Mets, Royals Opener Puts Up Biggest Ratings Since 2009

14-Inning Nail-Biter Draws Younger Male Viewers

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Credit: Fox Sports Interactive Media

Despite a technical glitch that interrupted the national TV broadcast and five frames of bonus baseball, Game 1 of the 2015 World Series on Fox put up huge numbers.

According to the final live-plus-same-day data, Tuesday night's showdown between the New York Mets and Kansas City Royals delivered the strongest ratings for a World Series opener since 2009. Game 1 averaged 14.9 million viewers and a 9.0, up 23% versus last year's analogous broadcast.

It's worth noting that the first game in the year-ago Royals-Giants series holds the dubious distinction of being the lowest-rated Game 1 of the modern television era.

Six years ago, the opening frame of the Yankees-Phillies series averaged 19.5 million viewers and a 11.9 household rating. The Yanks would go on to beat the Phils for the MLB title in a six-game series that remains the most-watched, highest-rated Fall Classic of the last decade.

While ratings guarantees for the World Series are made against households, the demo ratings show that Fox managed to deliver a good deal of younger viewers. With an average rating of a 4.6 among adults 18 to 49, Game 1 drew around 5.83 million members of the marketer-coveted set, which accounted for nearly 40% of the total audience. By way of comparison, only 35% of those who watched the first game of the 2014 World Series were under 50.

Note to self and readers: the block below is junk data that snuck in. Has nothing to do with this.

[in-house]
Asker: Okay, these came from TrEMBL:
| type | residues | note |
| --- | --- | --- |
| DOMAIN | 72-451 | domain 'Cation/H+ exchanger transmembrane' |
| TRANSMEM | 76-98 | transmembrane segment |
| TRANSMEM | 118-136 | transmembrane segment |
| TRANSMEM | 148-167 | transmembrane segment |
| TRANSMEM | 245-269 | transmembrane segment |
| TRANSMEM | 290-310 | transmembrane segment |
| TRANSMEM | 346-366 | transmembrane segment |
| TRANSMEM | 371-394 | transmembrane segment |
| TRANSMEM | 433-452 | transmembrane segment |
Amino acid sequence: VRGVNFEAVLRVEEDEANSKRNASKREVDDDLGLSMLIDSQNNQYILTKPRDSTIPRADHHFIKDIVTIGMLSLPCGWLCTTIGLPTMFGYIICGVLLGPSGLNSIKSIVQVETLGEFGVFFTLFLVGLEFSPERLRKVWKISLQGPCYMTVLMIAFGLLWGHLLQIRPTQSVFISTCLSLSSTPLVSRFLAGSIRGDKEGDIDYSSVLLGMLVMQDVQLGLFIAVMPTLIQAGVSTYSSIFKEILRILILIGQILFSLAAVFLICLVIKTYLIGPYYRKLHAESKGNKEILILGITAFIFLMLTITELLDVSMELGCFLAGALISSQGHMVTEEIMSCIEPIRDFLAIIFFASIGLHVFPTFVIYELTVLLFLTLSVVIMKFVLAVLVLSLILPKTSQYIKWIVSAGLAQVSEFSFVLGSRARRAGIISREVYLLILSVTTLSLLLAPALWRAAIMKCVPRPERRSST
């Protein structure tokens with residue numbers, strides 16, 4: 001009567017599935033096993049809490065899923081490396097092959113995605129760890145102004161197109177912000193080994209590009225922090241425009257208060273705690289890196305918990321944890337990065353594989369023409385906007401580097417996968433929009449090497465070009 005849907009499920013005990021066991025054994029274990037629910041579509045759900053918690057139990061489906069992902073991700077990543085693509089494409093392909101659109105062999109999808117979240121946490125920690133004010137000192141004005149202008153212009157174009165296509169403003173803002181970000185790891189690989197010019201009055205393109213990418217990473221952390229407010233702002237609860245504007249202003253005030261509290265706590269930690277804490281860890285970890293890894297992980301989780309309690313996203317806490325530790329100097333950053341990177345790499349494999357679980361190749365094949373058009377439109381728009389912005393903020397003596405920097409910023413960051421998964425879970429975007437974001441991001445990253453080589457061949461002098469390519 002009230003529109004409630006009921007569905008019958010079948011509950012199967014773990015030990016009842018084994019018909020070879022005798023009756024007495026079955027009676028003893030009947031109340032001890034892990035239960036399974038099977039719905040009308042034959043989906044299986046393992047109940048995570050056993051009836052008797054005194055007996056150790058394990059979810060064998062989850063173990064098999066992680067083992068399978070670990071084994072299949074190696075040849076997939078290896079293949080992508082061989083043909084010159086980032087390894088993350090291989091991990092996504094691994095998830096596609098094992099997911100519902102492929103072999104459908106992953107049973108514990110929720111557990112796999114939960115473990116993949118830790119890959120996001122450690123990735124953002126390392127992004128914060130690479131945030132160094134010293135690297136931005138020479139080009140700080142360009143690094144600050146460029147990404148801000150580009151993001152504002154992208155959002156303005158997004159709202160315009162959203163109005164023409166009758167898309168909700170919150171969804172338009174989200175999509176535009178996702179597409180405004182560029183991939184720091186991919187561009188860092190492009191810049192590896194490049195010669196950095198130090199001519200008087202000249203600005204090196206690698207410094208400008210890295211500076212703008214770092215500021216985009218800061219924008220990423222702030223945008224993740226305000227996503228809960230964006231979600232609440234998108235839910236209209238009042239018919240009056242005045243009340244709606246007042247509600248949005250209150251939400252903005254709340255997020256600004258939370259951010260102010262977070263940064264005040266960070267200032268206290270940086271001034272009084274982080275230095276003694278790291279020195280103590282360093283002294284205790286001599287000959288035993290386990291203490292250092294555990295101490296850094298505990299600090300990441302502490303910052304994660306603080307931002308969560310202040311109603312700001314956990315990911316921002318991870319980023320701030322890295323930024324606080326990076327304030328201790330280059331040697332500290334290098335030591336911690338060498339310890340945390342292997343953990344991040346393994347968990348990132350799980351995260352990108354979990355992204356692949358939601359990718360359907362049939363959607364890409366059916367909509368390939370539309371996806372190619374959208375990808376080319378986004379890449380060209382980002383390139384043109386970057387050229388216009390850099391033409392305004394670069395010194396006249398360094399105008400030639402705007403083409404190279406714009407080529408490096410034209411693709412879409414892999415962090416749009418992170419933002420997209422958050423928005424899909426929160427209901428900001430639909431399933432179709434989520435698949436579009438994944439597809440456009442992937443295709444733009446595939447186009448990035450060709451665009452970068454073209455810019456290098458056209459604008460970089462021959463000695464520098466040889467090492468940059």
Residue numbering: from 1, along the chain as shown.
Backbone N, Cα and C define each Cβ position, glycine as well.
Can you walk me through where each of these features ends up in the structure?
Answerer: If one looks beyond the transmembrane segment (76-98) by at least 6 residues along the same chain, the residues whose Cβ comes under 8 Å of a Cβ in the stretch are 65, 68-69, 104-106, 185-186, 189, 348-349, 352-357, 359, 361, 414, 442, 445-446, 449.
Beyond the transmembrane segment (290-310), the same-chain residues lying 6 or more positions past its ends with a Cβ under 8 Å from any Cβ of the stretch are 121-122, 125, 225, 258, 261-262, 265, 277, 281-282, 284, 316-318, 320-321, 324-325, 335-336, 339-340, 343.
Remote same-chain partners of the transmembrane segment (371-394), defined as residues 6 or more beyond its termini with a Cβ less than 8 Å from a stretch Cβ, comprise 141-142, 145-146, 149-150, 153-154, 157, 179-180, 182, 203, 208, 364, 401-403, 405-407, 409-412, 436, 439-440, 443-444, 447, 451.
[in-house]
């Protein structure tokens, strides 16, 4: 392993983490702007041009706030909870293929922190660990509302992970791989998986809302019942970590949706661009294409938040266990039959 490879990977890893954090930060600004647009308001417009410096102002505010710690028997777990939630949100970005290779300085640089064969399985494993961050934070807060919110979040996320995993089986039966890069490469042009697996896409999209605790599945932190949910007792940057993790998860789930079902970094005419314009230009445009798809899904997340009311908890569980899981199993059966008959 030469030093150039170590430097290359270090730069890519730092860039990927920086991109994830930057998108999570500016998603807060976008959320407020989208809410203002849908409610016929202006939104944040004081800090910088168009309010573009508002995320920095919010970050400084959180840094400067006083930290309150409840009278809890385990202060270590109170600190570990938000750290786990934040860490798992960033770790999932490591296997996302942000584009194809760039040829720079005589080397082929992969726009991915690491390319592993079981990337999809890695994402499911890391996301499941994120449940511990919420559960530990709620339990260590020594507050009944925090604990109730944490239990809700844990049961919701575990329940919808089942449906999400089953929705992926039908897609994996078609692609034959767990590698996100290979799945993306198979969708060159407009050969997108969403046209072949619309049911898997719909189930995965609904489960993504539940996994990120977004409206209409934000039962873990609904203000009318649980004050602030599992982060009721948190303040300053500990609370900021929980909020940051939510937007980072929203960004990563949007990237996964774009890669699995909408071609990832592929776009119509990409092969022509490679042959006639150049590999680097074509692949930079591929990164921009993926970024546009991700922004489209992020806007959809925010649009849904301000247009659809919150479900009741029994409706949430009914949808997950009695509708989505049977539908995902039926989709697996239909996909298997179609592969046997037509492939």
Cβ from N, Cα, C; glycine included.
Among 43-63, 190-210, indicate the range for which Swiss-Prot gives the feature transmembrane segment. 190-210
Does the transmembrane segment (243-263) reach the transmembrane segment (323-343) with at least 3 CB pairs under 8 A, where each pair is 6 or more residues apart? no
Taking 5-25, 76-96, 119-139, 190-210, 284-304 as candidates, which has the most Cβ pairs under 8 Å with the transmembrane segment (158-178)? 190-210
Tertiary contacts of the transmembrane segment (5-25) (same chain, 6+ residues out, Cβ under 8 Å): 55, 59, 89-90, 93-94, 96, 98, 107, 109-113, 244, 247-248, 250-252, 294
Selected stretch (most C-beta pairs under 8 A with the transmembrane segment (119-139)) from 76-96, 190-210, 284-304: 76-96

Men 18 to 49 were up 40% versus the year-ago game, while men in the 18-to-34 crowd grew 21%. That is a promising portent for marketers wary of baseball's seemingly ever-greying fan base; from a demographic perspective, the 2014 World Series was practically a nursing home built on dirt and grass, drawing an audience with a median age (55.6 years) beyond the oldest relevant TV demo.

Baseball also secured a rare victory against the NFL -- or at least one very prominent prime-time football package. Fox's 9.0 rating out-delivered every installment of ESPN's "Monday Night Football," which is averaging an 8.3 through eight games.

While there's a good chance that Game 2 will deliver even bigger ratings, a pattern that has held in 15 of the last 20 World Series, the same generally can't be said for Games 3 and 4. Thanks to a long-standing scheduling protocol, the fourth game of the Fall Classic is played on Saturday night, when prime-time viewing is at its ebb. TV usage will be particularly anemic this Saturday, as many would-be viewers will be out enabling their fiendishly disguised offspring to beg for candy from strangers.

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